If you are looking for more sleep tips to help your child sleep well before going to daycare, you can schedule a free 15-minute call or check out the upcoming More Sleep For Baby online workshop coming up Friday, April 7 (limited to 4 families).
The snow is on its way out (hopefully!) and perhaps you are planning a family getaway! Feeling a bit nervous about it all? I get it. We are planning two days away with our two and five year-olds and I can’t wait, but there are a few things that I know need to be in place so that we can all enjoy our time away and keep our patience in tact. Here are my top tips to keep you covered for enjoying your spring time vacation!
Plan, plan, plan!
Part of getting away for vacation is about being flexible, taking a break and having fun. In order to do so, you must plan ahead. If you have a baby, a toddler or pre-schooler this is especially true. Here are some important items that will help make planning easier!
- Make a list. Write out a checklist of what you absolutely need to bring and check each item off as it goes into a suitcase. Bring your list with you so that you can have peace of mind by knowing that each item has been packed before heading back home. This will keep you from forgetting your iPad and preventing a melt down with a stuffy that gets left behind.
- Travelling by plane? Make sure that you have everything you need to feed your baby, plenty of diapers, wipes, and a change of clothes just in case. Try to condense it enough so that you can store it under the seat in front of you and avoid going into the overhead compartment which can be tricky.
- Taking a road trip? A DVD player or child’s favourite story book can be helpful if you are going to be travelling by car with a child between the ages of two and five years old.
- Healthy snacks. Prepare to have plenty of good healthy snacks on hand, such as homemade trail mix, sandwiches, muffins or your child’s favourite fruit to avoid buying sugar filled or fried food options at the airport or highway stops.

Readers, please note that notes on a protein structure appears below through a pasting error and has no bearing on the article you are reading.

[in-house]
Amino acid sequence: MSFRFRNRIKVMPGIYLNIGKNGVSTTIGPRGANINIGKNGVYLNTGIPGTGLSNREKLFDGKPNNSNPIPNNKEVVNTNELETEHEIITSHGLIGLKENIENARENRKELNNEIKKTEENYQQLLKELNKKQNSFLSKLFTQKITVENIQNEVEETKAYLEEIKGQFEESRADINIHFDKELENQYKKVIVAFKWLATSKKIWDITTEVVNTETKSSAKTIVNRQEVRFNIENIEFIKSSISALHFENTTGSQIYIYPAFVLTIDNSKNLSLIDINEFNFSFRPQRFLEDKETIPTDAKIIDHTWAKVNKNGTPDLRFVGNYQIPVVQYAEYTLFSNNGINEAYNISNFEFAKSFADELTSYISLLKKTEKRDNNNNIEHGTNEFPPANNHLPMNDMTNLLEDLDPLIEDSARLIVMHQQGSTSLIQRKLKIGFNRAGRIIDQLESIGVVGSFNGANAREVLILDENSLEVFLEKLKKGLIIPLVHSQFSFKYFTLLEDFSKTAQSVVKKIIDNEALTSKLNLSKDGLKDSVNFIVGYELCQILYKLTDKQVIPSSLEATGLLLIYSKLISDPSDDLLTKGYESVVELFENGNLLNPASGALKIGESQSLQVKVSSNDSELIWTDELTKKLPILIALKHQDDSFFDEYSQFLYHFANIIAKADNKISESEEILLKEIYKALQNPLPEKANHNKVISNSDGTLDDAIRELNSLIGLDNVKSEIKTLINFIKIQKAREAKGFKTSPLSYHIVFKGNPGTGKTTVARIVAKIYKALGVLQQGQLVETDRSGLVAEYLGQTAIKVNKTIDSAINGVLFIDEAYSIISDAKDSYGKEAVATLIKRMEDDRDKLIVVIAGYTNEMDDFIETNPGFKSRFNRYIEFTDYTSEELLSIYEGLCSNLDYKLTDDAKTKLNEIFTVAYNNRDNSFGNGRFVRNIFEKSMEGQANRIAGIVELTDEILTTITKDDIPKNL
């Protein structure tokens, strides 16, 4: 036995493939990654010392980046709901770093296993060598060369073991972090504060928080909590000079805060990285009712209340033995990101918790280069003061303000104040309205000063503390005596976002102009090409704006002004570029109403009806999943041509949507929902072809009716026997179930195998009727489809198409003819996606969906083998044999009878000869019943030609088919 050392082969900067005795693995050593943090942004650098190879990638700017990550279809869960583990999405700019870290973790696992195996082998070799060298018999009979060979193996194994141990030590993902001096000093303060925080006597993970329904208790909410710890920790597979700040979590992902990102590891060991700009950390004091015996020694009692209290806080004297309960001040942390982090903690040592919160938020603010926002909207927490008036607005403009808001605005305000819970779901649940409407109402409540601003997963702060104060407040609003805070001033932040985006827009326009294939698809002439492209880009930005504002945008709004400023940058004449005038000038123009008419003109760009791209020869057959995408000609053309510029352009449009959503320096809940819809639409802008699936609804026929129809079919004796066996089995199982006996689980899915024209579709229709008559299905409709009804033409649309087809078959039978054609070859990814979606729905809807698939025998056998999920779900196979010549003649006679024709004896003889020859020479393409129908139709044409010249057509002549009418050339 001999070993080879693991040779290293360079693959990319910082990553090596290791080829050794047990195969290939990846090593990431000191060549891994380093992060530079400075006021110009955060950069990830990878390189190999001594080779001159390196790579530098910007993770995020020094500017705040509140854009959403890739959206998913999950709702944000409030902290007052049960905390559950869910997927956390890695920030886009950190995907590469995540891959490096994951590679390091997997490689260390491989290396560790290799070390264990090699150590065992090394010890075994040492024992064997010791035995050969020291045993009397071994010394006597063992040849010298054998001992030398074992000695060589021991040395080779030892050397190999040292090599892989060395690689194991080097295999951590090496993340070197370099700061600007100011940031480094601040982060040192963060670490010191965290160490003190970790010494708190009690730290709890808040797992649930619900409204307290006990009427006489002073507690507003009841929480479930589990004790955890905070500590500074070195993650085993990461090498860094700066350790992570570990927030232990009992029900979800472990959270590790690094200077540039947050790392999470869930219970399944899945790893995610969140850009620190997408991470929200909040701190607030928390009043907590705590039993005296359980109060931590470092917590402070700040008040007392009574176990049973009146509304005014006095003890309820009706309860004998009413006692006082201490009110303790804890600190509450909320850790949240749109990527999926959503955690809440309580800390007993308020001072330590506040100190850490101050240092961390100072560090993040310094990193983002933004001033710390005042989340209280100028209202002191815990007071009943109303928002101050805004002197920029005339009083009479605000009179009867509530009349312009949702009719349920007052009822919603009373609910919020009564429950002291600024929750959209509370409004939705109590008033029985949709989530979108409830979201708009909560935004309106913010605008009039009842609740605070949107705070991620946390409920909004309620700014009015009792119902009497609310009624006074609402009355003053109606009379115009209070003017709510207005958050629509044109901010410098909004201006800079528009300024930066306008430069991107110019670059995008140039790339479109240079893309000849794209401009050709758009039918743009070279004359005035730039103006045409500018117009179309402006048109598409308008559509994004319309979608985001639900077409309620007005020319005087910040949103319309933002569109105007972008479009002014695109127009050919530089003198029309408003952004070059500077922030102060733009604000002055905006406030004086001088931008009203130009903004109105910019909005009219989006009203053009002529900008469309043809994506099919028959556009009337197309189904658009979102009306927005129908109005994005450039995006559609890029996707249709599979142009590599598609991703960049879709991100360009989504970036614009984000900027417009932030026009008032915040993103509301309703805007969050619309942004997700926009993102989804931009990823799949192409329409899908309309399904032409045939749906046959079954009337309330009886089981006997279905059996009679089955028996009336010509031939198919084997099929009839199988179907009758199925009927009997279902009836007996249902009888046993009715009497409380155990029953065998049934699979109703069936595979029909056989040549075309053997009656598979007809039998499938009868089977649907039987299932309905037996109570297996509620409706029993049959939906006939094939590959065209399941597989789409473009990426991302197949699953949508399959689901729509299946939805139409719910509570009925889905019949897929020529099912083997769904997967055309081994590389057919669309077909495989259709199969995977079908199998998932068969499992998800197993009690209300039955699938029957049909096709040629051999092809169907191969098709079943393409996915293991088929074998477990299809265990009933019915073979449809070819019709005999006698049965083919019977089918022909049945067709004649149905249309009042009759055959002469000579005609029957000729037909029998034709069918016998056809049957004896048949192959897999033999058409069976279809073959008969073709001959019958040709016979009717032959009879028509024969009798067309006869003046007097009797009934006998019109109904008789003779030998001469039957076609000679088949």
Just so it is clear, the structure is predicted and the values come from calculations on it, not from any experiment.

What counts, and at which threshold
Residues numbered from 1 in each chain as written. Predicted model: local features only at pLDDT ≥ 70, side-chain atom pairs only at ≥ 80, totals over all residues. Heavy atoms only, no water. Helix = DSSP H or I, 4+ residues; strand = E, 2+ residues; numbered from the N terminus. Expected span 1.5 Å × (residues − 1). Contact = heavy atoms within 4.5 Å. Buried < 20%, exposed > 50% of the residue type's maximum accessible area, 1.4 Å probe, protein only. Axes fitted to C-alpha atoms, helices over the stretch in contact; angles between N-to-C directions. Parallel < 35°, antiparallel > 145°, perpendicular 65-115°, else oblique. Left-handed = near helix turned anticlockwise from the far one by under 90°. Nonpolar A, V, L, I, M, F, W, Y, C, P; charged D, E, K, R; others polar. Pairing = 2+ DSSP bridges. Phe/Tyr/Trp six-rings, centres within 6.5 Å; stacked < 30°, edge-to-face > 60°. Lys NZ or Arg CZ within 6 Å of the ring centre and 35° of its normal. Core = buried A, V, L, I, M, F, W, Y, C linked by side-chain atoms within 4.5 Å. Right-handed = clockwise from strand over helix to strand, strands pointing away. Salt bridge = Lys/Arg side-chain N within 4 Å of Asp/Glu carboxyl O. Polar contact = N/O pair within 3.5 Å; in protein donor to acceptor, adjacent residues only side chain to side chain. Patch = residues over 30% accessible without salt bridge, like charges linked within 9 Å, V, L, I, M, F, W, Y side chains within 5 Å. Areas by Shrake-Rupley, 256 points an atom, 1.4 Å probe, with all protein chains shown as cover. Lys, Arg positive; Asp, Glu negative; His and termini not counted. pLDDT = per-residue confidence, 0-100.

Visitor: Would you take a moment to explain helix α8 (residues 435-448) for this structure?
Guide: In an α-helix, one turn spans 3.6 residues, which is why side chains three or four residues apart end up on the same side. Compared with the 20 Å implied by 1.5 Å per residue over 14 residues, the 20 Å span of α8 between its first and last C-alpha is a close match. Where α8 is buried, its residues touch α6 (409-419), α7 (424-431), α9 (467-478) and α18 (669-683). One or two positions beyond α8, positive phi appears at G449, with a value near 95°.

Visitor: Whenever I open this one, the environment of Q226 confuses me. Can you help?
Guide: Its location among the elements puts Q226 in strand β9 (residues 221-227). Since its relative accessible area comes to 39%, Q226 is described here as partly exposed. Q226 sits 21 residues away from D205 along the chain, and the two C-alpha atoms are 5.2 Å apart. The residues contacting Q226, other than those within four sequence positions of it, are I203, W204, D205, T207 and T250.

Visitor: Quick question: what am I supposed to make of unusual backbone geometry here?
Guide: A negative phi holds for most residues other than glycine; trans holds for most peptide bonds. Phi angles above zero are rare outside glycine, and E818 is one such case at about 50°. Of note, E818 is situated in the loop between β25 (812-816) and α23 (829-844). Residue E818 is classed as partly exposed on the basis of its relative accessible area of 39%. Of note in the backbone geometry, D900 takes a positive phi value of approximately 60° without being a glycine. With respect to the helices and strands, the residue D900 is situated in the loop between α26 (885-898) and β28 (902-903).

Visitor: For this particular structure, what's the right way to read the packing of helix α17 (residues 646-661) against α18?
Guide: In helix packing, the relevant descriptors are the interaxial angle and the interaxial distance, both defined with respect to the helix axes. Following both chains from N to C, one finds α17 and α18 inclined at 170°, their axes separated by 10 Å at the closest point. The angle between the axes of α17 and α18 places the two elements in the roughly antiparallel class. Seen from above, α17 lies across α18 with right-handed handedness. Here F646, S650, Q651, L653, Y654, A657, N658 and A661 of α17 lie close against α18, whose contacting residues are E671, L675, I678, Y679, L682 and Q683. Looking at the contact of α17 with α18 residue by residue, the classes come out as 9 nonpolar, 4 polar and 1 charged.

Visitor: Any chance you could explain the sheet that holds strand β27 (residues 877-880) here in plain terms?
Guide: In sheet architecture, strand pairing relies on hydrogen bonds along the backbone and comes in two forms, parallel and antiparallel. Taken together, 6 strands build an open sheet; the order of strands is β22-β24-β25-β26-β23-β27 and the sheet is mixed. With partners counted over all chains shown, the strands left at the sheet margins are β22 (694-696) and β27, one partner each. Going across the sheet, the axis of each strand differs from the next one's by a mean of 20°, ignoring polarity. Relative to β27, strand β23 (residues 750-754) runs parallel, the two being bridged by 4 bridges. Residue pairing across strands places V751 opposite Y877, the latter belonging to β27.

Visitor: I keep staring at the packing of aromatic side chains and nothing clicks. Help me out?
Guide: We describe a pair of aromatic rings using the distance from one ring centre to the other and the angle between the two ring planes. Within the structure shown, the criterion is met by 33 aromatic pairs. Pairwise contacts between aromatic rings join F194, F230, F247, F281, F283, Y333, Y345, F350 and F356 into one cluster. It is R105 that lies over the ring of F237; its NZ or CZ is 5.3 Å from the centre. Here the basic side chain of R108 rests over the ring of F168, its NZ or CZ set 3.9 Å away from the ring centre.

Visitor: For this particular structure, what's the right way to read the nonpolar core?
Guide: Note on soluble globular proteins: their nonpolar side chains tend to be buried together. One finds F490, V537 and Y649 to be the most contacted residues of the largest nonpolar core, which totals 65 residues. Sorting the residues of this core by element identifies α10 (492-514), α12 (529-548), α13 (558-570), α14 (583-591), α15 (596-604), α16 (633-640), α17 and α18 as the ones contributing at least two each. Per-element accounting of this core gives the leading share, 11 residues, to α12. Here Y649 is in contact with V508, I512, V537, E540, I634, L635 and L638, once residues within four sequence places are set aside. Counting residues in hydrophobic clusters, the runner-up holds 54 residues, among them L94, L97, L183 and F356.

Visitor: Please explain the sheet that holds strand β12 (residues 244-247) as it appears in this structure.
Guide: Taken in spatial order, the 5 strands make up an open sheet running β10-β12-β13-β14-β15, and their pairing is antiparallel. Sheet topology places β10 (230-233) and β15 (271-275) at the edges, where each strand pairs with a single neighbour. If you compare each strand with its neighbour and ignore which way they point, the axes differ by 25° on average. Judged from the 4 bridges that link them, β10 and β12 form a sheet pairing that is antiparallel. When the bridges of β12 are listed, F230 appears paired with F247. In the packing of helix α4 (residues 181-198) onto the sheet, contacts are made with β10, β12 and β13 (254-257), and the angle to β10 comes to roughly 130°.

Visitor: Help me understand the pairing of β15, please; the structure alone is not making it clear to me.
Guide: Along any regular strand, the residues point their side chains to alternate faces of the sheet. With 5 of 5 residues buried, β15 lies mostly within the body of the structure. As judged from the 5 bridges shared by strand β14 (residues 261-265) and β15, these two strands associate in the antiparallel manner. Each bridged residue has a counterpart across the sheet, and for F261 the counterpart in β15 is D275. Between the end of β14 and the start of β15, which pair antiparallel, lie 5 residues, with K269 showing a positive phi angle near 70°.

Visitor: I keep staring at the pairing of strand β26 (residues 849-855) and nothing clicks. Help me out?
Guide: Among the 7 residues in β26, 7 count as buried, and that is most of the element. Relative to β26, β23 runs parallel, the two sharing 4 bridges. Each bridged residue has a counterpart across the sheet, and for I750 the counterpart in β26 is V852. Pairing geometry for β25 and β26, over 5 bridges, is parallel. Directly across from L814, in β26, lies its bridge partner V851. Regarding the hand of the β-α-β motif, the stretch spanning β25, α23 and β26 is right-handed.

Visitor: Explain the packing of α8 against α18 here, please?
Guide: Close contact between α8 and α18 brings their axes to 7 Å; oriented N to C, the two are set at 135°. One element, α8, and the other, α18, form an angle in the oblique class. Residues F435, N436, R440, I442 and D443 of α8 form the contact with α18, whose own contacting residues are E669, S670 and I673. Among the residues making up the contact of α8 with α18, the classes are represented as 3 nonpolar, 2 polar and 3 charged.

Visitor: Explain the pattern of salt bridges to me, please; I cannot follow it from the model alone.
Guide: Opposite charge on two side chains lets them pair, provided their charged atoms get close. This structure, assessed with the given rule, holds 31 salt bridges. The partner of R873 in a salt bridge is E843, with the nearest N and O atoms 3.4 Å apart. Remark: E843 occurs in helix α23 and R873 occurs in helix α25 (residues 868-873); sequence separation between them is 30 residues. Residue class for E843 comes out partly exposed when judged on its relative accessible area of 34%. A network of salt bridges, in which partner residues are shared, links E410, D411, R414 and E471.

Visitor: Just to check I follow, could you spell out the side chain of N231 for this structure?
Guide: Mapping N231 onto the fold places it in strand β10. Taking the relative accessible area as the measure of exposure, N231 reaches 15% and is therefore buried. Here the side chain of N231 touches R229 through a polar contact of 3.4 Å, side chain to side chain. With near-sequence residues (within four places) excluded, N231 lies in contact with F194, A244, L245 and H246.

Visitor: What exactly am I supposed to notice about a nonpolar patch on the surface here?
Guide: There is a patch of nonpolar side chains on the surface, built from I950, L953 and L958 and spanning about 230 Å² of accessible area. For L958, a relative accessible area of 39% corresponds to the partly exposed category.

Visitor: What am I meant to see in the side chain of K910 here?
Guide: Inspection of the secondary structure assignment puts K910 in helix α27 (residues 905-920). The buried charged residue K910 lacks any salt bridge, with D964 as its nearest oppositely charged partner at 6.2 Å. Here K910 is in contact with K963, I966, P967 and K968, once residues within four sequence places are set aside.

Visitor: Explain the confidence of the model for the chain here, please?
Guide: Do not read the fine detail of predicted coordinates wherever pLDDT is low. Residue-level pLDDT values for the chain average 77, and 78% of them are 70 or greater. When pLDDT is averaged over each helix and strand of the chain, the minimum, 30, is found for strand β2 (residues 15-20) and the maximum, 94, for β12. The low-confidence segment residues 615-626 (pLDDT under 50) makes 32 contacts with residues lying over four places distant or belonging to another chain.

Keep in mind that the odd missed nap or later than usual bedtime isn’t the end of the world, but you do want to schedule important outings ahead of time so that your little one does not miss out on quality sleep each day and night. Otherwise, the overtiredness will be sure to show up at some point, which is not fun for you or your child.
- Travel days will be travel days, so just do the best that you can until you arrive at your destination. If you are going on a plane, the goal is for you and your little one to be comfortable until you arrive – if he decides to take a nap and it isn’t his usual nap time – don’t sweat it. Then, once you reach your destination, follow your child’s nap times and bedtimes as usual.
- Separate sleeping space. Just a few nights of sharing a bed with your child when he is not used to sleeping with you can lead to a habit that might become challenging to break once you get back home. Hotels usually have cribs available if you ask, or you can bring a pack and play if you are staying at a friend or family member’s home. Plan for a room with a bed for an older child or purchase a travel bed for toddlers/pre-schoolers if you travel a lot.
Make sure to have other important key sleep items on hand:
- A favourite lovey or blanket;
- Sleep sack for babies – Halo has a variety of fabrics and sizes – www.halosleep.com;
- Sound machine to create a familiar background sound and block any noise while baby sleeps; and/or
- Gro blinds to keep the room nice and dark during sleep times.
If you are travelling to a new time zone, the best thing to do is try and get in line with the new time as quickly as possible. Use sunlight to help keep your child awake and darkness to increase melatonin (sleepy hormone). Both are incredibly helpful strategies for resetting your body’s internal clock. The regular daily routines of meal times, bedtime routines, etc. are extremely helpful in cuing your child’s mind and body for what comes next. For example, if nap time happens right after lunch, following this same routine will help your child adjust very quickly to the new time.
Vacations can happen few and far between during the course of the year. Remember to have a wonderful time away with the most important people in your life!
Still need help with getting more sleep for your family? Check out my upcoming online workshop More Sleep For Baby that will have your baby and you sleeping soon!